Paleontologists Might Have Discovered the Largest Dinosaur That Ever Lived

The largest land animal alive today is the African bush elephant, weighing in at around 20,000 pounds. As big as elephants are, they’ve got nothing on some extinct megafauna. Scientists excavating a new species of dinosaur in Argentina have reported that the specimen might be the largest that ever lived. Even if it doesn’t set a record, the animal was much bigger than anything alive today. 

Only part of the animal has been exhumed from its stone coffin, but paleontologists know it’s from the sauropod family. These creatures, like Brachiosaurus and Apatosaurus, had long tails and necks along with four thick, pillar-like legs. This body design allowed some species to grow to unfathomable proportions — the current dino record-holder is a sauropod called Patagotitan mayorum. This animal was about six times more massive than a modern African elephant, and the new find looks to be even larger. 

The new dinosaur, which is being excavated not far from where scientists discovered Patagotitan mayorum, is still mostly buried in rock. So, it doesn’t have a name, and the team hasn’t ventured a guess as to how large the animal was in life. However, some human-sized bones are 10 to 20 percent larger than the same bones in Patagotitan mayorum. The location makes sense, too. Patagotitan mayorum is also from this region of Argentina, which has gained a reputation for being home to several species of enormous, record-breaking sauropods. 

A Patagotitan mayorum reconstruction on display at the Field Museum, Chicago. Credit: Ryan Whitwam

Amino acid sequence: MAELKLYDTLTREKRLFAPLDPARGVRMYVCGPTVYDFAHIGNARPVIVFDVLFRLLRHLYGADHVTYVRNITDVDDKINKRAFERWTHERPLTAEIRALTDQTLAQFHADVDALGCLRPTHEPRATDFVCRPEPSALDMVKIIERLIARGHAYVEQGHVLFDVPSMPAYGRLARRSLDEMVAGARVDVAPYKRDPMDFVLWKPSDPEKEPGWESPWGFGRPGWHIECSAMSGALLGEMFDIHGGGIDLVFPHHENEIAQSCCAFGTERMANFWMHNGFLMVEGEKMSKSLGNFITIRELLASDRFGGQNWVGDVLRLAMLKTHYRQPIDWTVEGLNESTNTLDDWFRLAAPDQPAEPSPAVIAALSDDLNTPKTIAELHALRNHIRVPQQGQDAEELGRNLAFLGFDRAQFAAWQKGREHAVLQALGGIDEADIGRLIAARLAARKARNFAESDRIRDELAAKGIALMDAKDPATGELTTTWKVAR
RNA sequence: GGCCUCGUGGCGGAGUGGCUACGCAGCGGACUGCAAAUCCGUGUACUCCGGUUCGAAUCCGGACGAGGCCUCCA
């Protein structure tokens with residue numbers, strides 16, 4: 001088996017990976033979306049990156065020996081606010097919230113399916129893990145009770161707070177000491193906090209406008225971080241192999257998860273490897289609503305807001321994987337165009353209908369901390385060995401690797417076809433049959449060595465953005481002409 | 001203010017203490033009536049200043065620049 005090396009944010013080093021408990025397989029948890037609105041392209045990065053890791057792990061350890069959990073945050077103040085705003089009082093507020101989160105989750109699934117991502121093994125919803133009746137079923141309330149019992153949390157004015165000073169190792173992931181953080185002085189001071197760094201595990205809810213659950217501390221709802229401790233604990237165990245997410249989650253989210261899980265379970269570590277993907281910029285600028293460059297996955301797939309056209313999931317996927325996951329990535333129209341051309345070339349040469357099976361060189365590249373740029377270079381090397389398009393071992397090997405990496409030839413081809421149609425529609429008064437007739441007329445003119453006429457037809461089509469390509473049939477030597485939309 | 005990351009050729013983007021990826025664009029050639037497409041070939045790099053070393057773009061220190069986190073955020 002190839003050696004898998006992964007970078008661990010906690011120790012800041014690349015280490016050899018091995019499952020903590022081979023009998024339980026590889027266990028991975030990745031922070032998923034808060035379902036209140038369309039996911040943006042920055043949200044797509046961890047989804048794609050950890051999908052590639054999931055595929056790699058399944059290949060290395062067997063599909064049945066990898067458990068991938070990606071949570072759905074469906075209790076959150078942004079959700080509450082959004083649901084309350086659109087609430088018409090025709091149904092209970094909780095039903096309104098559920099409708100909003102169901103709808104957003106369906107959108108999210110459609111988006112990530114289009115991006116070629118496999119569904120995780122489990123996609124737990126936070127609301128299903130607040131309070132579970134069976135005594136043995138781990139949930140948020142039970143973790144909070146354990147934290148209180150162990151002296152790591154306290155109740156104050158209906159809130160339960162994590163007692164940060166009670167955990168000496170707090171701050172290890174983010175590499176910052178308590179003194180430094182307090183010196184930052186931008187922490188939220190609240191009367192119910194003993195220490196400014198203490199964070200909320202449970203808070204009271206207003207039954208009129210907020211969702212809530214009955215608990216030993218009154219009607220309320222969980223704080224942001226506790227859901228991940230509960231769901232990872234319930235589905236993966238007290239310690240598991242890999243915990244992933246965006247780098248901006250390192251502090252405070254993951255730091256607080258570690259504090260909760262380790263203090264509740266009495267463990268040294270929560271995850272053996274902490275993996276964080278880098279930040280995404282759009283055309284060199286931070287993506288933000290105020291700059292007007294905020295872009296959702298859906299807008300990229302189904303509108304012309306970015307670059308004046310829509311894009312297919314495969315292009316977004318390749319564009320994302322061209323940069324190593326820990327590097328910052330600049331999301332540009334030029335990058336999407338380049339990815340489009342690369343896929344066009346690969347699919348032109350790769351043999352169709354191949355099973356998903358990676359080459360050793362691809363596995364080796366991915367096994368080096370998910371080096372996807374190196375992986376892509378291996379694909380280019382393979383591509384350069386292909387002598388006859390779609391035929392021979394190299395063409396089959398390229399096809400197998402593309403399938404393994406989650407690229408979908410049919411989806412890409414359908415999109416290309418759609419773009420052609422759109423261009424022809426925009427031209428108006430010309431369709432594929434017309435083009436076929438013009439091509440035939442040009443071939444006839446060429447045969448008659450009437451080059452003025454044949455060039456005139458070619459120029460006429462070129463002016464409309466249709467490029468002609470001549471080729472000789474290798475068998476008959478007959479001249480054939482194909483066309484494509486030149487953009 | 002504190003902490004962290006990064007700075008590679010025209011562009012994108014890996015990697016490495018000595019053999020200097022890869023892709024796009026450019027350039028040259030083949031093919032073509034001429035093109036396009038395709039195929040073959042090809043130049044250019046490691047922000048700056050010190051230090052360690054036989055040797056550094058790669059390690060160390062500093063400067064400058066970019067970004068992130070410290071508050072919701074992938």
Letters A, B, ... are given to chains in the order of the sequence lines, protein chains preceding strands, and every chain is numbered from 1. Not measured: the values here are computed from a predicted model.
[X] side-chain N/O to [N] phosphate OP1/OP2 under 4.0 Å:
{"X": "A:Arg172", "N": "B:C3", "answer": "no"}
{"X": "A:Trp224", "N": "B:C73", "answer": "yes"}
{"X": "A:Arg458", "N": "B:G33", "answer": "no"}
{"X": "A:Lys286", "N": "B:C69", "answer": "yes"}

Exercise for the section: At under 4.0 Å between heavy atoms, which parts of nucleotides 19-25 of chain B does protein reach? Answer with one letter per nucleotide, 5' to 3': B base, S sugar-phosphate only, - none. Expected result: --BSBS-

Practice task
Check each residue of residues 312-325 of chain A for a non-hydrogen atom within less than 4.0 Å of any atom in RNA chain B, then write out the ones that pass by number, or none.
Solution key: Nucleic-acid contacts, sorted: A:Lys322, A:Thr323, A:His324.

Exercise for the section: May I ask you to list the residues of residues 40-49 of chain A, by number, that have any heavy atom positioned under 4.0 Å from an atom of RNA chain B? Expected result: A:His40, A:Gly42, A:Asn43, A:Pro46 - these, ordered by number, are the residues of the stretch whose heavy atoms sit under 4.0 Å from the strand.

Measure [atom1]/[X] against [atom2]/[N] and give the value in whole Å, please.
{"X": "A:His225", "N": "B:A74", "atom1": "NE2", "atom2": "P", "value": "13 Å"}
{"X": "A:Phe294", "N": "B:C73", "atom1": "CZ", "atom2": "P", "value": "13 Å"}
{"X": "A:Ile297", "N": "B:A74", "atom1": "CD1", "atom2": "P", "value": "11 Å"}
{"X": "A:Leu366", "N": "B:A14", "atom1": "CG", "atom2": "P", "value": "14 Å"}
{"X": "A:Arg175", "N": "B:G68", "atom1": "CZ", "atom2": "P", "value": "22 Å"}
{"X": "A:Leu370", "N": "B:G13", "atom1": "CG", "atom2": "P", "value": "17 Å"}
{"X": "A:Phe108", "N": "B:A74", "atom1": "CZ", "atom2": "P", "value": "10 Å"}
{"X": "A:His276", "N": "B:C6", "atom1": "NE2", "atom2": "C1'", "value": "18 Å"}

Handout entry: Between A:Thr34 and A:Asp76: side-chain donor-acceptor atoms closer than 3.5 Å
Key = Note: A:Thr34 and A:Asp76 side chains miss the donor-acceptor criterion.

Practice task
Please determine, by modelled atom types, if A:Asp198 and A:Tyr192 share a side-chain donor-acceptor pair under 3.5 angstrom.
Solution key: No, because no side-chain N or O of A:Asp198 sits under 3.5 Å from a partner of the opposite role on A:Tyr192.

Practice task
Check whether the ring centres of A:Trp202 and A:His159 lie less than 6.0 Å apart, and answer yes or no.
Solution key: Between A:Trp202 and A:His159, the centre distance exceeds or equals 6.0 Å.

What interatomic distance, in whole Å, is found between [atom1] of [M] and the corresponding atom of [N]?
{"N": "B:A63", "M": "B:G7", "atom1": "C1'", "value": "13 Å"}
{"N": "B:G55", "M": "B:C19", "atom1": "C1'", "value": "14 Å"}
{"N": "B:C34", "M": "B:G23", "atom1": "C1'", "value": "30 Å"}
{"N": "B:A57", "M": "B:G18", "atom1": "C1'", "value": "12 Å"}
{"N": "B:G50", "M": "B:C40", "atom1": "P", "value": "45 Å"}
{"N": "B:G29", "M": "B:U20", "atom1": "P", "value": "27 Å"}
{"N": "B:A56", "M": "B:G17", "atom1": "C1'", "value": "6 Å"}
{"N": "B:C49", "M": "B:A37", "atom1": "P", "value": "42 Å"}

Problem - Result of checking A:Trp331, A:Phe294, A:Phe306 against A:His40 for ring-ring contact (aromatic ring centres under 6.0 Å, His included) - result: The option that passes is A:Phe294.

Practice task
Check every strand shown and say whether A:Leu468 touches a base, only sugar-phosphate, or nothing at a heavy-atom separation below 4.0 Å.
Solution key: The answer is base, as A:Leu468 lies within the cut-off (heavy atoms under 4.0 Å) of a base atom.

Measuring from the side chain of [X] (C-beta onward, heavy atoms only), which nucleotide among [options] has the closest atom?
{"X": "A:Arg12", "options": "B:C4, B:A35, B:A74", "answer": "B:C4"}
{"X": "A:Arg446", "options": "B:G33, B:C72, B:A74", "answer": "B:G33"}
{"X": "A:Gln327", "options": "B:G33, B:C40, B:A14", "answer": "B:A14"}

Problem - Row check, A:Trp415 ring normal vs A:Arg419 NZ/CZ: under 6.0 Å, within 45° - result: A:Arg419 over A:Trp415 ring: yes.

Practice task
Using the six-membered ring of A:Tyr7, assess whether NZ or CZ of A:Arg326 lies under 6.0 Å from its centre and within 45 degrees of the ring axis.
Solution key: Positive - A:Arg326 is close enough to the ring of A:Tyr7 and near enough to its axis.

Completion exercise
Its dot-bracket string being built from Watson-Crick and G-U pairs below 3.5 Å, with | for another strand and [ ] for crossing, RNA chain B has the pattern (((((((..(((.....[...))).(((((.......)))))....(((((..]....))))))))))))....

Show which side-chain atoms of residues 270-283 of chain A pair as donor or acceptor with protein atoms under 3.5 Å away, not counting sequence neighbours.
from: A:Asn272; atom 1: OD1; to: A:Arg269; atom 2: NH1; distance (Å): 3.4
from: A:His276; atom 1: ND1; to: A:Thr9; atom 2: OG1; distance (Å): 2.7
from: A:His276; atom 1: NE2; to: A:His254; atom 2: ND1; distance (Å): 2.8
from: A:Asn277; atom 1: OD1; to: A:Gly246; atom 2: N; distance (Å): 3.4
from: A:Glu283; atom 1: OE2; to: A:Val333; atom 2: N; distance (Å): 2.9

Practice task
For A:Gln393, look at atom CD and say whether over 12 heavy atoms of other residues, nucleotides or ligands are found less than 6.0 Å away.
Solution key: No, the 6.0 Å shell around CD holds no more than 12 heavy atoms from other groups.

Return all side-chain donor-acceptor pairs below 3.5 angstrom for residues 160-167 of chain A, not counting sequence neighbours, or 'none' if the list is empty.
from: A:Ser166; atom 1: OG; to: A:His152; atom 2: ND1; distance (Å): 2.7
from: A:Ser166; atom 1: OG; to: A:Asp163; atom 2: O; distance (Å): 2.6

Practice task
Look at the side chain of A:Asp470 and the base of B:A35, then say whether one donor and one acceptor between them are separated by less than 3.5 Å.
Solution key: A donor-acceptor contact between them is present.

Researchers first spotted the remains of this animal in 2012. A team didn’t make it to the site for excavations until 2015, but the animal had been lying there for 98 million years. A few more seasons wasn’t going to matter. Currently, the team has uncovered the tail, a few pelvic bones, and some vertebrae. From these, paleontologists know they’re looking at a very large dinosaur, possibly even the largest. 

It’s rare for an entire animal to fossilize — in fact, many species of dinosaurs are only known from a few sets of incomplete skeletal remains. This specimen appears to be mostly intact, but the bulk of it is still buried in rock. The team expects to spend several more years carefully removing rock from around the fossils. Hopefully, the remains include intact femurs or humorous bones. From these, researchers will be able to make an accurate estimate of the animal’s size. When that happens, this unnamed creature might take the crown as the largest known dinosaur.

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